When used the fatty ester emollient is preferably included in the formulations of this invention at a concentration of about 1 to about 8 weight percent, more preferably about 2 to about 5 weight percent.
Silicone oils or fluids are used to improve the lubricity of the composition during application to the skin. Preferably the viscosity of the silicone component at a temperature of 25° C. is from about 5 to about 12,500 centistokes. Examples of suitable materials are dimethylpolysiloxane, diethylpolysiloxane, dimethylpolysiloxane-diphenylpolysiloxane, cyclomethicone, trimethylpolysiloxane, diphenylpolysiloxane, and mixtures thereof. Dimethicone--a dimethylpolysiloxane endblocked with trimethyl units--is presently preferred. Dimethicone having a viscosity between 10 and 1000 centistokes is particularly preferred.
When used the silicone oils are preferably included in the formulations of this invention at a concentration of about 0.1 to about 10 weight percent, more preferably about 1 to about 2 weight percent. Due to expense, higher concentrations of silicone oils are typically avoided.
The formulation may also contain other conventional additives employed in cosmetic emulsions. Such additives include aesthetic enhancers, fragrance oils, dyes, preservatives, sun screen additives, and medicaments such as menthol and the like. Preferred aesthetic enhancers are polyquaternium 31 and aluminum starch octenylsuccinate.
As an illustration of the present invention, several examples are provided below. These examples serve only to further illustrate aspects of the invention and should not be construed as limiting the invention.
Two substantially similar nonionic emulsion skin care compositions were prepared and tested according to the procedures provided below. The first composition included 3.50 weight percent cyclodextrin material, whereas the second composition included no cyclodextrin. The individual constituents and their relative amounts for each composition are provided in Table I below.
The example skin care compositions were prepared by first making four individual phases, as identified in Table I. These individual phases were prepared by mixing the identified constituents in the relative amounts as provided in Table I. Following their preparation, the individual phases were heated to the following temperatures; first phase--approximately 75° C., second phase--approximately 82° C., third phase--approximately 39° C., fourth phase--approximately 35° C. Subsequently, the second phase was added to the first, with continuous mixing, followed by cooling to about 39° C. The third phase was pH adjusted to approximately 3.30 and added to the previously combined first and second phases, followed by mixing and cooling to approximately 35° C. Subsequently, the forth phase was added with continuos mixing, followed by cooling of the composition to room temperature.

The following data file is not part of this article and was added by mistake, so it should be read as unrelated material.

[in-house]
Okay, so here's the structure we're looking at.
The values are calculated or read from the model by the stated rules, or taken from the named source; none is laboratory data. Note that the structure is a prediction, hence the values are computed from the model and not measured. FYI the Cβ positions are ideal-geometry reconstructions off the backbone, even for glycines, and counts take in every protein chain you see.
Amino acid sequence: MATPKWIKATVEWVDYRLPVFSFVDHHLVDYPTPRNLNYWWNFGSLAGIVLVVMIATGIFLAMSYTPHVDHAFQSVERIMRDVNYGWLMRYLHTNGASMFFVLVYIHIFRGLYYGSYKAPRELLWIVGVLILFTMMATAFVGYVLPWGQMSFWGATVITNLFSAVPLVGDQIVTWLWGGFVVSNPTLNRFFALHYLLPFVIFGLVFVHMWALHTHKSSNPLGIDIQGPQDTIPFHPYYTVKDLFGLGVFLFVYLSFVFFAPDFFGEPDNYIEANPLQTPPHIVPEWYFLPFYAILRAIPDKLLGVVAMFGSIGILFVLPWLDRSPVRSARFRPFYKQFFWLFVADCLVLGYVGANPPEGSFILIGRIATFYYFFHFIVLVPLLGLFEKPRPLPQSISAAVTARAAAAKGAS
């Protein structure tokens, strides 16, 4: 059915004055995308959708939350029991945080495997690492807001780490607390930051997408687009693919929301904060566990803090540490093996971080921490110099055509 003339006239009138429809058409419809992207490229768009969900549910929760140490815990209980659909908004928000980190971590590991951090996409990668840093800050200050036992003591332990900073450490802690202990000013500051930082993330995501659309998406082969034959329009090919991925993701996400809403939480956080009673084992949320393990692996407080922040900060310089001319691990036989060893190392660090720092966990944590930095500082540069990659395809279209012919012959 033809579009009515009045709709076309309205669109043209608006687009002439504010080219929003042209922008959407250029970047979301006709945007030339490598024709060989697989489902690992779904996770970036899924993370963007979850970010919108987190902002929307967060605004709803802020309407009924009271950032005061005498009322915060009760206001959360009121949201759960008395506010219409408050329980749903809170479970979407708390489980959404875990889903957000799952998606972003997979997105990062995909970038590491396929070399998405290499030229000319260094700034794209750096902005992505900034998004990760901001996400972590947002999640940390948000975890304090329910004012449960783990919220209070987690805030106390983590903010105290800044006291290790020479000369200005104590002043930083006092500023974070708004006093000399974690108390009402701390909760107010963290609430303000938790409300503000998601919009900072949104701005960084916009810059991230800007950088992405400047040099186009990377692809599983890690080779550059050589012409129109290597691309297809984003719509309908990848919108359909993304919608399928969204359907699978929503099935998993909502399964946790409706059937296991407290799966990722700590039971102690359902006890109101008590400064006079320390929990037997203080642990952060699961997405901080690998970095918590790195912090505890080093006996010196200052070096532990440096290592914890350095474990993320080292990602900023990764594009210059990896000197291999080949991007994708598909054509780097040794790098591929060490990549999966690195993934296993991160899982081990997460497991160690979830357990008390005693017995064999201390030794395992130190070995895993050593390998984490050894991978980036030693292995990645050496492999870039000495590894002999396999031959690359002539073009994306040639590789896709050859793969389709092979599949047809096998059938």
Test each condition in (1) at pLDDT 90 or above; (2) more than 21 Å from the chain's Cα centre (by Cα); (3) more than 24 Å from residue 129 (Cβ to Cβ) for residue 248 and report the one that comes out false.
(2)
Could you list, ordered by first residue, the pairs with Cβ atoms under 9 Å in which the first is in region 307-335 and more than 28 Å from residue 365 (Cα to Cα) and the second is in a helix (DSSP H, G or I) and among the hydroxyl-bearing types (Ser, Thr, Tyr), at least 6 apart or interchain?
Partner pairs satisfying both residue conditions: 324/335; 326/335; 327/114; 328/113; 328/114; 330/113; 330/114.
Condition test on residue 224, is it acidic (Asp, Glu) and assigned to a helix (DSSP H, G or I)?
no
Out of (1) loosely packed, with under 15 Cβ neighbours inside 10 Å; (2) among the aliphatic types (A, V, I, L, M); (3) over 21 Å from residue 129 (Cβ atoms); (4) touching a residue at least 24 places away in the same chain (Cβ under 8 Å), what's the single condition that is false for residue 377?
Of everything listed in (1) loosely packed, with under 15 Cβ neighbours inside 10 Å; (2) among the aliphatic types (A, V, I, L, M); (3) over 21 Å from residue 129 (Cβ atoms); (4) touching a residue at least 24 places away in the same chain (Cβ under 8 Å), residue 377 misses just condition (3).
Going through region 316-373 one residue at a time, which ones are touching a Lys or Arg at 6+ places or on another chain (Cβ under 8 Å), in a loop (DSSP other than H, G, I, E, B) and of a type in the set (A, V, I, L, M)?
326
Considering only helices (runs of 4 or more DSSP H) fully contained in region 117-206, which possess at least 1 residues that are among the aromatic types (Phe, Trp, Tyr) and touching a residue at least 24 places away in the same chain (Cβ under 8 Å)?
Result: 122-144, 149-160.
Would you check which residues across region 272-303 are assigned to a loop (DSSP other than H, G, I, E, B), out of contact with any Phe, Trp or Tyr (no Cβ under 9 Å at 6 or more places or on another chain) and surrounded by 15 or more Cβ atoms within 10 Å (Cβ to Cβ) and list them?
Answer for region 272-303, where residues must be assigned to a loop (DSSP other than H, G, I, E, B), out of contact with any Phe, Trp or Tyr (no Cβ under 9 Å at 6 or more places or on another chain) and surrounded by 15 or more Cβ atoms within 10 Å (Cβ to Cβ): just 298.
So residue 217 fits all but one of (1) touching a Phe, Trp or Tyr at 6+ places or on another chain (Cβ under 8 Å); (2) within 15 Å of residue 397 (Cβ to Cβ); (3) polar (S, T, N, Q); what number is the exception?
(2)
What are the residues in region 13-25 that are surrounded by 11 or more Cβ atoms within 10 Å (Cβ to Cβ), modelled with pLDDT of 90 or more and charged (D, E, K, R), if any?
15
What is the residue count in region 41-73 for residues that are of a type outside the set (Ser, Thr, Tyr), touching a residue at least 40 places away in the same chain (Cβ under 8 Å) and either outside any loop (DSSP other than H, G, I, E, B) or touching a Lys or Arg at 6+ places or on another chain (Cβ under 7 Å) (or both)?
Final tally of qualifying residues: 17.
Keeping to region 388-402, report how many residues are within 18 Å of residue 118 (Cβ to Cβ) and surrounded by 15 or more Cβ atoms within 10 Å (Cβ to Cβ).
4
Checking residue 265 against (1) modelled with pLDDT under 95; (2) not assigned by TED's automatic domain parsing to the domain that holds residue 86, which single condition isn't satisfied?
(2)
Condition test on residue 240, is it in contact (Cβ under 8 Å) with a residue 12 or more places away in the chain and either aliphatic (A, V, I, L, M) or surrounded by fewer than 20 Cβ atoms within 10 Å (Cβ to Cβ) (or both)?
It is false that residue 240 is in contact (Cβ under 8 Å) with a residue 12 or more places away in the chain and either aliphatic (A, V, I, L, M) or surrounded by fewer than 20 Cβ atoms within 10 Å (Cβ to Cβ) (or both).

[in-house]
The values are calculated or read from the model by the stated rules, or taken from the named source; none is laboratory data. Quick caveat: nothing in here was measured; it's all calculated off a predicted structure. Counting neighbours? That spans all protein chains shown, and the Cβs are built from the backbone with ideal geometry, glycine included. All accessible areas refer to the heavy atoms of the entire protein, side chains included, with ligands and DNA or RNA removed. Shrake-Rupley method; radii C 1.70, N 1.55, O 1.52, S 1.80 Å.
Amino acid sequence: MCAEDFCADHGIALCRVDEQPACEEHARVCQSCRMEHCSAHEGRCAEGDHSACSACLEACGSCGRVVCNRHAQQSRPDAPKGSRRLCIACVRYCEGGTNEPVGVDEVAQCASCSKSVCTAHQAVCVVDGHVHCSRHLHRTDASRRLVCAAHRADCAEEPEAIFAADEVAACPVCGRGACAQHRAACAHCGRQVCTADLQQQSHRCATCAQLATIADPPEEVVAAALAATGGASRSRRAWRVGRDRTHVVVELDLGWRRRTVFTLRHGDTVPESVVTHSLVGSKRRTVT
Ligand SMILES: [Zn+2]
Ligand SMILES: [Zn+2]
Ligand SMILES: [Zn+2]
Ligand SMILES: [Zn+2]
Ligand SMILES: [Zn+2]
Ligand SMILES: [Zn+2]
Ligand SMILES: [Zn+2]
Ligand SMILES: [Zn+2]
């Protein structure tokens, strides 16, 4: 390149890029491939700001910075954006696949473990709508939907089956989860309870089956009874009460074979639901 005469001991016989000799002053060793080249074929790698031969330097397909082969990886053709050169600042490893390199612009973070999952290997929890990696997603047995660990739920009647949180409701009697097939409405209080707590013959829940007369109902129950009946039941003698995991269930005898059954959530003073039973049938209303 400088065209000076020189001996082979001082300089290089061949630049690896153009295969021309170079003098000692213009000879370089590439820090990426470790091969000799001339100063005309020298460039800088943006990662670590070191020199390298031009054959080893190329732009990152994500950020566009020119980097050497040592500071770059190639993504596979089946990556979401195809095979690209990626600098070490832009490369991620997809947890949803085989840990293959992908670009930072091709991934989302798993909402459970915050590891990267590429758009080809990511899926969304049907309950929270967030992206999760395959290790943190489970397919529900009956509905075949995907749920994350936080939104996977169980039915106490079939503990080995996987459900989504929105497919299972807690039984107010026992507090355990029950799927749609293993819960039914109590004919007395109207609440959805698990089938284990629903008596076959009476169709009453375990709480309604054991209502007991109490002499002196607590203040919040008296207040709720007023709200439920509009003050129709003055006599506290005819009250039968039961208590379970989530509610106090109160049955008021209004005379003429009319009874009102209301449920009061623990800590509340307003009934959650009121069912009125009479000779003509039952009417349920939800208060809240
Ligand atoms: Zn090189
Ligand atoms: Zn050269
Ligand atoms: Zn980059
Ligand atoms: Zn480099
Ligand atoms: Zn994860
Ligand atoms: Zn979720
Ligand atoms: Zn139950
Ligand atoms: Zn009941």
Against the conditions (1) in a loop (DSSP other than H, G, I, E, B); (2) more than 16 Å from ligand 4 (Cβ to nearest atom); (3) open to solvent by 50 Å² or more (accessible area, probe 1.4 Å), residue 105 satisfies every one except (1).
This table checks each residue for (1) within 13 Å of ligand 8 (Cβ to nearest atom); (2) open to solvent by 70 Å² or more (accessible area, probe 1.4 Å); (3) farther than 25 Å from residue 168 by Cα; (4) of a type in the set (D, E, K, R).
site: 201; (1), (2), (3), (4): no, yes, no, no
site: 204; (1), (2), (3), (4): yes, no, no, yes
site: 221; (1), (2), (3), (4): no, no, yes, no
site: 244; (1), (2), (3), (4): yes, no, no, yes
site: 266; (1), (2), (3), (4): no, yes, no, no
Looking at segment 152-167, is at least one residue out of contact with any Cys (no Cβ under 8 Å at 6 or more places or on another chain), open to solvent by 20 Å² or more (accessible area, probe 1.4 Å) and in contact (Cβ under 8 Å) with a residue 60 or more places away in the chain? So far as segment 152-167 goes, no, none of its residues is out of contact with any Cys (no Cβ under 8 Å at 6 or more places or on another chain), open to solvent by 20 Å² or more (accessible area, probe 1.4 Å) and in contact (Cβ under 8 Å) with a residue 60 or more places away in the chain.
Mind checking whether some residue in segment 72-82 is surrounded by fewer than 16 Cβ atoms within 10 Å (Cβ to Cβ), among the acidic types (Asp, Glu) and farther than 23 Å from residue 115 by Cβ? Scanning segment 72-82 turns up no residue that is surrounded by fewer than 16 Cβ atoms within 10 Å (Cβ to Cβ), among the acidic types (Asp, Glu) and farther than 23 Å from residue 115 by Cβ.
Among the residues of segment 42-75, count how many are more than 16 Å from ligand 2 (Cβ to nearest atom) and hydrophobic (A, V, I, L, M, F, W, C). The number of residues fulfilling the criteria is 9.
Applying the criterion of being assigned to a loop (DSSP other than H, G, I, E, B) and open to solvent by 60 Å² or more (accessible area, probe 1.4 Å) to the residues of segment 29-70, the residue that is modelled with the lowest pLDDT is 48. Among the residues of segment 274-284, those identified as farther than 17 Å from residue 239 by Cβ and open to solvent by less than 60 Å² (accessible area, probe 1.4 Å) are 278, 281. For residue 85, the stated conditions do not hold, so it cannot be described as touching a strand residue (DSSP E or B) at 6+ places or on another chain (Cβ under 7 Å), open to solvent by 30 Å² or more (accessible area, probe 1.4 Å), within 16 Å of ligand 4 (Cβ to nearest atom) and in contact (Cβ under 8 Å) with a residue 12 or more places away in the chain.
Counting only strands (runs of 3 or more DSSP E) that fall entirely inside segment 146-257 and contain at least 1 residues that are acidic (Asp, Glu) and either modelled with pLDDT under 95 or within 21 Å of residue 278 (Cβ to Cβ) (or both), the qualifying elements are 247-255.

__________________________________________________________________________ Skin Care Composition Skin Care Composition with Cyclodextrin without CyclodextrinConstituent Percent by Weight__________________________________________________________________________First Phase (water)water 39.90 43.40β-cyclodextrin (from Amaizo 3.50American Maize Products Co.)Cellulose Gum (from TIC Gums, Inc., 0.20 0.20Belcamp, MD as "TIC-X-200")Glycerin (from Procter & Gamble) 6.00 6.00Methyl paraben (preservative, from Inolex 0.30 0.30Chemicals as "TEG.M")Second Phase (oil)Polyol prepolymer-2 (from Penederm Inc.) 3.00 3.00Lipid Soya sterol (from Henkel Co., as 1.00 1.00"Generol 122-E-10")Triglycerides Mixture (from Huls America 5.00 5.00as "Miglyol 812")Stearic Acid (from Witco Chemical) 2.50 2.50Cetyl Ester (from Rhone-Poulenc as 2.00 2.00"Dermalcare SPS")Silcone Fluid (D.C. 345 from Dow 4.00 4.00Corning)Silicone Fluid (D.C. 200 from Dow 2.00 2.00Corning)Emulsifier (from Lipo Chemicals as 2.00 2.00"Lipowax NI")Emulsifier (from Lipo Chemicals as 1.50 1.50"Lipowax 165")Emulsifier (from Lipo Chemicals as 0.50 0.50"Lipocol S-2")Isoproyl propyl palmitate (from Amerchol 2.00 2.00Co.)Third Phase (water)water 15.00 15.0070% glycolic acid (from Dupont Corp.) 5.00 5.00lactic acid (from Barnet Products as 2.00 2.00"Biolac")Ammonium Hydoxride (from Spectmm 1.00 1.00Chemical Co.)Fourth Phase (water)water 1.00 1.00Preservative (from ISP Co. as "Germall II") 0.25 0.25Fragrance (from Hogan Fregrances as 0.35 0.35"Hogan K92-10820")pH of Composition 3.30 3.30__________________________________________________________________________